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Saturday, February 23, 2013

What is KYC ("Know" Your Customer)


Background
The main purpose of KYC norms was to restrict money laundering and terrorist financing when it was introduced in late the 1990s in the United States. The US government turned very strict after 9/11 and all regulations were finalized before 2002 for KYC.Taking a leaf out of the US book, the Reserve Bank of India (RBI) too directed all banks to implement KYC guidelines for all new accounts in the 2nd half of 2002.

What is KYC?
In order to prevent identity theft, identity fraud, money laundering, terrorist financing, etc, the RBI had directed all banks and financial institutions to put in place a policy framework to know their customers before opening any account.
This involves verifying customers' identity and address by asking them to submit documents that are accepted as relevant proof.

Mandatory details required under KYC norms are proof of identity and proof of address. Passport, voter's ID card, PAN card or driving license are accepted as proof of identity, and proof of residence can be a ration card, an electricity or telephone bill or a letter from the employer or any recognized public authority certifying the address.
Some banks may even ask for verification by an existing account holder. Though the standard documents which are accepted as proof of identity and residence remain the same across various banks, some deviations are permitted, which differ from bank to bank.

Other aspects of KYC
To prevent the possible misuse of banking activities for anti-national or illegal activities, the RBI has given various directives to banks:
(1) Strengthening the banks' 'Internal Control System' by allocating duties and responsibilities clearly, and periodically monitoring them.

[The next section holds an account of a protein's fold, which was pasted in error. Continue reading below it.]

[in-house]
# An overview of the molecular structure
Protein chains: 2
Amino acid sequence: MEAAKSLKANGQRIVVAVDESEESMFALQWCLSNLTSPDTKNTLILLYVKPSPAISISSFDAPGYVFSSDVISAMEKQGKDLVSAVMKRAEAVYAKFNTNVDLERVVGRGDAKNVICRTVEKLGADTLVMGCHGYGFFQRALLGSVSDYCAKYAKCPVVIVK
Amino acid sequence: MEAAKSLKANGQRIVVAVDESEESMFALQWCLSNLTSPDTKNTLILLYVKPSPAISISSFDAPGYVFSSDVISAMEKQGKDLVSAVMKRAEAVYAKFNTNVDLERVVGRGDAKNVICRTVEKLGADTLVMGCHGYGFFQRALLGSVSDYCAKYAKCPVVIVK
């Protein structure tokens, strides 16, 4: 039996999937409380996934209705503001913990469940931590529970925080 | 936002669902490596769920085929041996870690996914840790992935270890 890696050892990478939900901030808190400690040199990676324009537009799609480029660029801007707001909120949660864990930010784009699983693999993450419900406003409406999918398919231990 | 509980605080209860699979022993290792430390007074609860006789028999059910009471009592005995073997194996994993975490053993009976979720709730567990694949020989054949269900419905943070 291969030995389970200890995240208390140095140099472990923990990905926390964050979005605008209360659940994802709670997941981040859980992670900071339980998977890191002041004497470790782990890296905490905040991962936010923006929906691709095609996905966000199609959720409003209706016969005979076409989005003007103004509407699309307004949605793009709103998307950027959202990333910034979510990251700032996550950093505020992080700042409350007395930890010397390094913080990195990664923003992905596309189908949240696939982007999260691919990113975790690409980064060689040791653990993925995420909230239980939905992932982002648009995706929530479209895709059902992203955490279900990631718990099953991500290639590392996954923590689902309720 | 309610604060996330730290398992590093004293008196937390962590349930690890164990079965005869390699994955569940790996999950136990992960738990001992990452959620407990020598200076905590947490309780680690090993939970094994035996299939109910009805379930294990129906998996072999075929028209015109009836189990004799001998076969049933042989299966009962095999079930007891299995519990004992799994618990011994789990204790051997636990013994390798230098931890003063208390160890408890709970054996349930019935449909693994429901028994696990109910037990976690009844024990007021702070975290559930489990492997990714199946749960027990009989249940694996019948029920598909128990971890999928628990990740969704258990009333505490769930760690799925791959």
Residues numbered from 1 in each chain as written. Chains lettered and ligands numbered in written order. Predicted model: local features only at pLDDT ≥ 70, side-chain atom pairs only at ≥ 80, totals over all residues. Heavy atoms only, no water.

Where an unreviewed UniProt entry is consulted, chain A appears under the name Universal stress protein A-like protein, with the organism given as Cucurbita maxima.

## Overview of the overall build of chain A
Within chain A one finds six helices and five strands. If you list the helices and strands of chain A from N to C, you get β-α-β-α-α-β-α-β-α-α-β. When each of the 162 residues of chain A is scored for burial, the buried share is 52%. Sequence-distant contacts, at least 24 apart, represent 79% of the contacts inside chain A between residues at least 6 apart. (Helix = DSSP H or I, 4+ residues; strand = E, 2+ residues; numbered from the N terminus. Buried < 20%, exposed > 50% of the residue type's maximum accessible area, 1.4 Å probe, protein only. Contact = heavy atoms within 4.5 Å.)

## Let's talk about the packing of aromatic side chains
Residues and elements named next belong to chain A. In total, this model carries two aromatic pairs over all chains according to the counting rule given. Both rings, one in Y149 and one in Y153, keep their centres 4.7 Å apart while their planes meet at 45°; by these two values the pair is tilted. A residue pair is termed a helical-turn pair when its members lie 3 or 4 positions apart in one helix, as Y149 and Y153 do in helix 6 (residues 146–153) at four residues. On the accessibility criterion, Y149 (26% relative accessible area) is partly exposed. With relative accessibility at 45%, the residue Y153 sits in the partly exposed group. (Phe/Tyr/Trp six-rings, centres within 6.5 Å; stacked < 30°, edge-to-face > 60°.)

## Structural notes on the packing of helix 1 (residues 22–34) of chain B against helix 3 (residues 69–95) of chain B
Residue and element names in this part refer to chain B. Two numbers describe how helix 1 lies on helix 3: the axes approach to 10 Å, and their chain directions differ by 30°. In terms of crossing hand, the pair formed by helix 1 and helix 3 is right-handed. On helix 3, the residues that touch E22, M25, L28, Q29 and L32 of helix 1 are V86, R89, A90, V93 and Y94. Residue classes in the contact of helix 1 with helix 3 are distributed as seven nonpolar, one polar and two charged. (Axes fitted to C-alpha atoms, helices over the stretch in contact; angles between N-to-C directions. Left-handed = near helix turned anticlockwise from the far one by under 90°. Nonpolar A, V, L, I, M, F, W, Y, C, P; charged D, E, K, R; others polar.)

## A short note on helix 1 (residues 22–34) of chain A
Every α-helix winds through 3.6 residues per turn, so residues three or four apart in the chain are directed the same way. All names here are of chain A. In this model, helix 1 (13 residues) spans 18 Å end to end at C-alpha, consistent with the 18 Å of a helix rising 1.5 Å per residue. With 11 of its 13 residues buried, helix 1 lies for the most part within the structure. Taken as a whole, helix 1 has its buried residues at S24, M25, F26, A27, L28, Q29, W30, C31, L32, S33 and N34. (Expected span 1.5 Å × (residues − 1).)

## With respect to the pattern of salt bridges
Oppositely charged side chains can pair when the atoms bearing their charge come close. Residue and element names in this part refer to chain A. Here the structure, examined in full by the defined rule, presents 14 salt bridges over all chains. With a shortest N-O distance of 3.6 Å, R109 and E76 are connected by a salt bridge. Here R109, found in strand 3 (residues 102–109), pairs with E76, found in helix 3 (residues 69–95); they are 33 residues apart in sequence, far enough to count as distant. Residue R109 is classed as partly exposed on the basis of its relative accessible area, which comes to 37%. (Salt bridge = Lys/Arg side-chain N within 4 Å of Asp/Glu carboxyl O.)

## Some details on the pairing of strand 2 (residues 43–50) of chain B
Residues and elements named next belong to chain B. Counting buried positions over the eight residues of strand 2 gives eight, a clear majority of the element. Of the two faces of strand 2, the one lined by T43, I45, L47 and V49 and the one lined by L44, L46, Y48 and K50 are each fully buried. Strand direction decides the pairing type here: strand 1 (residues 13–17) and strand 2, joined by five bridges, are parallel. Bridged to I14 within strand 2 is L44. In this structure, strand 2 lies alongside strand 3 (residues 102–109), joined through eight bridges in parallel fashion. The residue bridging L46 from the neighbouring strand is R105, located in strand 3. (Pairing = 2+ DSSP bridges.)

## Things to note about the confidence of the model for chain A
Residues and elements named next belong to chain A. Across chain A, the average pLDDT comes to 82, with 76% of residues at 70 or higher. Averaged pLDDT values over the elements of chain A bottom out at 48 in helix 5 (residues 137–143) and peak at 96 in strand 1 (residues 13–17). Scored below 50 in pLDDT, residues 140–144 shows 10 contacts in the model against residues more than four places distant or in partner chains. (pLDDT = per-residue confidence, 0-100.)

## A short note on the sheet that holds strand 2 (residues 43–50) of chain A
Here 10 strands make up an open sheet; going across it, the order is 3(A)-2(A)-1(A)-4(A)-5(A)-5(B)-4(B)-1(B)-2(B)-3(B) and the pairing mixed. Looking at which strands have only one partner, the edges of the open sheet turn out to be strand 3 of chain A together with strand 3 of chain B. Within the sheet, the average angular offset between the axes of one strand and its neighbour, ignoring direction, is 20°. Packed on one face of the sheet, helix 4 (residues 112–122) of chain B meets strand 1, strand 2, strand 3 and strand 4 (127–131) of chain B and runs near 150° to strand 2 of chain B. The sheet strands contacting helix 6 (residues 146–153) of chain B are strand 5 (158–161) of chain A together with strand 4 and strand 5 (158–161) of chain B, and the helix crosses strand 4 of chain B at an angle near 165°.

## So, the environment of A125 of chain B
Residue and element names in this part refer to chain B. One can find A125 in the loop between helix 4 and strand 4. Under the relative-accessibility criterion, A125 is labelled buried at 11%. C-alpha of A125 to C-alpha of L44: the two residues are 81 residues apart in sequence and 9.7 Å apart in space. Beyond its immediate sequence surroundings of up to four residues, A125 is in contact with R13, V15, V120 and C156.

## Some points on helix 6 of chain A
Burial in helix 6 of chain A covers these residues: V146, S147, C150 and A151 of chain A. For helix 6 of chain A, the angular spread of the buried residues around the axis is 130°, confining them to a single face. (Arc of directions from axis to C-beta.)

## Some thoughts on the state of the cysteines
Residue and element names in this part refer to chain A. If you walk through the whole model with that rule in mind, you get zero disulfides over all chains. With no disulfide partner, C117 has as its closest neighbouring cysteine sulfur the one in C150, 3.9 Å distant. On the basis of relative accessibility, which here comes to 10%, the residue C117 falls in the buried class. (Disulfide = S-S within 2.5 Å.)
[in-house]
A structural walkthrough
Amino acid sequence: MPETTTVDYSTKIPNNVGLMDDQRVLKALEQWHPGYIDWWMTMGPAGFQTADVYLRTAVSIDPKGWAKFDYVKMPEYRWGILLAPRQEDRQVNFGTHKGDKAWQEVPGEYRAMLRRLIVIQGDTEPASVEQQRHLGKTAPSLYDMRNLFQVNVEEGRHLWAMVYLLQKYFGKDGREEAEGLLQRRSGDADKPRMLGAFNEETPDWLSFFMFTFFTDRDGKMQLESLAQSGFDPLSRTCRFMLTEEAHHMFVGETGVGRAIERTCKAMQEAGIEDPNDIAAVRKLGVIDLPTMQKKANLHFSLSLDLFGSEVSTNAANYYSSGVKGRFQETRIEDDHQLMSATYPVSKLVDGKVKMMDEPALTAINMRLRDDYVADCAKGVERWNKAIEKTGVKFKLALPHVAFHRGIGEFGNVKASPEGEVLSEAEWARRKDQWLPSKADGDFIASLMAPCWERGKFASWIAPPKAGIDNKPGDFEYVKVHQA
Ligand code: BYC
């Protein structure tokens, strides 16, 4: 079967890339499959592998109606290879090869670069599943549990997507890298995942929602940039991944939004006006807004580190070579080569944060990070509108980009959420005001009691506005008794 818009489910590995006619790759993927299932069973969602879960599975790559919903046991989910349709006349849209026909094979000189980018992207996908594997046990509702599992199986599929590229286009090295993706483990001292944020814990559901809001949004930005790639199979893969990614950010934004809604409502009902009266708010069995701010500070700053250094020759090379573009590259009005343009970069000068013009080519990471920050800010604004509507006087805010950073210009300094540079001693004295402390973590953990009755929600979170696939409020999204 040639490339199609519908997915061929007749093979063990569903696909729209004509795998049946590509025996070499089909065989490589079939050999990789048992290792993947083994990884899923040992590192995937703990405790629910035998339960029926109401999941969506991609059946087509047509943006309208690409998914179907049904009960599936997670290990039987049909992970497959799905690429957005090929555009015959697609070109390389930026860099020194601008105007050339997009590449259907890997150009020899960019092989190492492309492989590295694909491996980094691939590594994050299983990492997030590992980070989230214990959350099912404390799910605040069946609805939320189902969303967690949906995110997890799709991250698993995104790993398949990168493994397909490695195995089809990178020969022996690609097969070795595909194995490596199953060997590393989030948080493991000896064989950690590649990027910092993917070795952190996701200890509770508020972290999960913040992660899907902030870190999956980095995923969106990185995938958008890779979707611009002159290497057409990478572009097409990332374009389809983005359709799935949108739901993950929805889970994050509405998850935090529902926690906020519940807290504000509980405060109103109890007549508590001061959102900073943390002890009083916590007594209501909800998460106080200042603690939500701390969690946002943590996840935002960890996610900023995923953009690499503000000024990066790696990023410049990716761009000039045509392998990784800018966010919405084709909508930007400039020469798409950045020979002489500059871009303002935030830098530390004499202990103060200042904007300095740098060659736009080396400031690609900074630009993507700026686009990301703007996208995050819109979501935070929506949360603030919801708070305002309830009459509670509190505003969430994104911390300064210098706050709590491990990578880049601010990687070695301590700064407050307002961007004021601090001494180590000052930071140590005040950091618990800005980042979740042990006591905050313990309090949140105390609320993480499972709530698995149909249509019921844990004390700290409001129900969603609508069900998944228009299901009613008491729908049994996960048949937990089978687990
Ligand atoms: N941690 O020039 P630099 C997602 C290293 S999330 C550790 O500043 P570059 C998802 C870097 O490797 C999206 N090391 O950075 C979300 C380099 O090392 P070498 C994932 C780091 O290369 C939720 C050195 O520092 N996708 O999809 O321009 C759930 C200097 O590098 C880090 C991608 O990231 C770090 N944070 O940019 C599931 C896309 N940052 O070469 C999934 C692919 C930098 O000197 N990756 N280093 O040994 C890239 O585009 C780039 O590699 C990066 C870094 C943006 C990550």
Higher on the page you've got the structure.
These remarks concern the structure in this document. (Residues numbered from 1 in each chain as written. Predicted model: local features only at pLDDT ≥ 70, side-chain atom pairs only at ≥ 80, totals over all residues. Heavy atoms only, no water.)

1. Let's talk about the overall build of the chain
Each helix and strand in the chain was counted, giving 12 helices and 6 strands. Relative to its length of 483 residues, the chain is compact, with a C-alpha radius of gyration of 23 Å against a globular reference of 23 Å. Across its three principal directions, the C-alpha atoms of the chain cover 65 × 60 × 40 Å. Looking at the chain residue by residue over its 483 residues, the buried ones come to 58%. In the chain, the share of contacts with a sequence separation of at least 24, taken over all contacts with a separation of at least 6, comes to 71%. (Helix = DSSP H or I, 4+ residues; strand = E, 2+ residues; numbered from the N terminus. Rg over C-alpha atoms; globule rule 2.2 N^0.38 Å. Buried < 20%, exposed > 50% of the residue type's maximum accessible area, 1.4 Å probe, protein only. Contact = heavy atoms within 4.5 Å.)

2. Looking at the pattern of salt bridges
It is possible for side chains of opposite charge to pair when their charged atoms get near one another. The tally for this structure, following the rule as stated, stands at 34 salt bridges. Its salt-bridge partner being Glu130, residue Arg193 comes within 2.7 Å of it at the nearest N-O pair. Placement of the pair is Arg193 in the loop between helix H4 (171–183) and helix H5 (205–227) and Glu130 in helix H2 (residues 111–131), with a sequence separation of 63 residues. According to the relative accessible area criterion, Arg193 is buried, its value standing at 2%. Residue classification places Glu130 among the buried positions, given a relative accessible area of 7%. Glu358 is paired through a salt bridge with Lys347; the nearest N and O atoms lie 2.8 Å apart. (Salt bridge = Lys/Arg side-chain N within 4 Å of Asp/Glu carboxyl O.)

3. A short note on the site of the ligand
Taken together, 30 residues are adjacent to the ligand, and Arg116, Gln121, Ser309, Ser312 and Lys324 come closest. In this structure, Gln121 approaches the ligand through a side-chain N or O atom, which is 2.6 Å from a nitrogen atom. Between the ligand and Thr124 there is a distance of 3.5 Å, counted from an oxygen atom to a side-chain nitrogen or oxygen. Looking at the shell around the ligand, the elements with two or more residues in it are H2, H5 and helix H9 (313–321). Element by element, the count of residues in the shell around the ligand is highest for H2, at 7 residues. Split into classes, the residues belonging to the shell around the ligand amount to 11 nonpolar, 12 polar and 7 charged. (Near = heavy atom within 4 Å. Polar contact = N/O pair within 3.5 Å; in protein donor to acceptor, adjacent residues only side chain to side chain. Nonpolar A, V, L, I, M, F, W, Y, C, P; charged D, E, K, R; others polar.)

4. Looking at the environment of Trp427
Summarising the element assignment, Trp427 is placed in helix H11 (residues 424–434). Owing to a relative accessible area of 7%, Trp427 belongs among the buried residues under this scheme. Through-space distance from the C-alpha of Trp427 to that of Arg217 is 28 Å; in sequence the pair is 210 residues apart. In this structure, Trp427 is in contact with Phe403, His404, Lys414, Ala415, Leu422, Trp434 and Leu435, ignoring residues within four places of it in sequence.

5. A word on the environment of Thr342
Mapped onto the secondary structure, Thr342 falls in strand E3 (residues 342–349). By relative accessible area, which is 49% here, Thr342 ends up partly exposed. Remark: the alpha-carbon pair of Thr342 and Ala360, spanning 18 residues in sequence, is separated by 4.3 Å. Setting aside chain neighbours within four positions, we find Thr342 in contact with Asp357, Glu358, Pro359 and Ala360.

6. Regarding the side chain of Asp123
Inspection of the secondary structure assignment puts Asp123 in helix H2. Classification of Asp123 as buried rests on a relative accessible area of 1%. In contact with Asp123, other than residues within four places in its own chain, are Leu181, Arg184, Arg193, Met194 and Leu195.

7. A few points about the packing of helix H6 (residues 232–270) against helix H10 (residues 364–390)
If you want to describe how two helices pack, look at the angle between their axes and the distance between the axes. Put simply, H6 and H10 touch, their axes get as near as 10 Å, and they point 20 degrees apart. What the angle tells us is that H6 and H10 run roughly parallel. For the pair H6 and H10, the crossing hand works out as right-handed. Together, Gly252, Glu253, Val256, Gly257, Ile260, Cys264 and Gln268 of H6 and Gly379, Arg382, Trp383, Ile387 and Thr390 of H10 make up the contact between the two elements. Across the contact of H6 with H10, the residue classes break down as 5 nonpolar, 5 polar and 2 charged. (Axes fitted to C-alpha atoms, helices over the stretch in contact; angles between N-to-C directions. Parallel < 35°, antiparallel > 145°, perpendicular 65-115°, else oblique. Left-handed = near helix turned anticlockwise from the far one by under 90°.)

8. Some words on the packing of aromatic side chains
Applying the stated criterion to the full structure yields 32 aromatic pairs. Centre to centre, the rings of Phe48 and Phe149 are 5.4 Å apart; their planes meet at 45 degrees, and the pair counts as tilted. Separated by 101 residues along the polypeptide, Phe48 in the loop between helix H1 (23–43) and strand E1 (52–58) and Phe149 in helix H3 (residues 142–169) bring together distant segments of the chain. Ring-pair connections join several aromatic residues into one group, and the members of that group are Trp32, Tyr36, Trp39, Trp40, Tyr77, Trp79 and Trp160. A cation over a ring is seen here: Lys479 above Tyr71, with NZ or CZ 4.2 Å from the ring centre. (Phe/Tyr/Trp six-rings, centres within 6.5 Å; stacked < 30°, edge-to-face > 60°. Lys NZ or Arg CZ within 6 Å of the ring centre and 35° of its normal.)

(2) Before giving any finance at branch level, making sure that the person has no links with notified terrorist entities and reporting any such 'suspect's' accounts to the government.
(3) Regular 'Internal Audit' by internal and concurrent auditors to check if the KYC guidelines are being properly adhered to or not by banks.
(4) Most important, banks must keep an eye out for all banking transactions and identify suspicious ones. Such transactions will be immediately reported to the bank's head office and authorities and norms shall also be laid down for freezing of such accounts.
(5) KYC is not centralized across all agencies e.g. it is a separate for SEBI, Banks, Gas agencies etc..e.g. Applicants must be KYC compliant while investing with any SEBI registered funds, applying for gas connections or opening a new bank account
(6) KYC does not get expired. Once the KYC Acknowledgement is obtained and informed to a Mutual Fund, it will be registered against the folio and quoted in all future account statements. The same will exist in perpetuity, unless cancelled by CVL.
(7) KYC is done free of cost.

How to obtain KYC
Different agencies have established different mechanism to obtain KYC. e.g. to obtain KYC with SEBI (e.g. for buying mutual funds or opening a new mutual fund account), The Association of Mutual Funds of India (AMFI) has facilitated a centralized platform through CDSL Ventures Limited ("CDSL"), a wholly owned subsidiary of Central Depository Services (India) Limited, to carry out the KYC procedure on behalf of all Mutual Funds. CVL through its Points of Service (PoS) will accept KYC Application Forms, verify documents and provide the KYC Acknowledgement (across the counter on a best effort basis). The list of PoS will be displayed on the websites of Mutual Funds, CDSL and AMFI. Once the KYC is duly completed in all regards, the investor needs to produce a copy of the acknowledgement when investing for the first time with a Mutual Fund. There is no need to repeat the KYC process individually for each mutual fund.

Getting your KYC is a mandatory step in getting prepared to get into the equity market. The earlier you do it, the better for you.

Cheers

Manoj Arora

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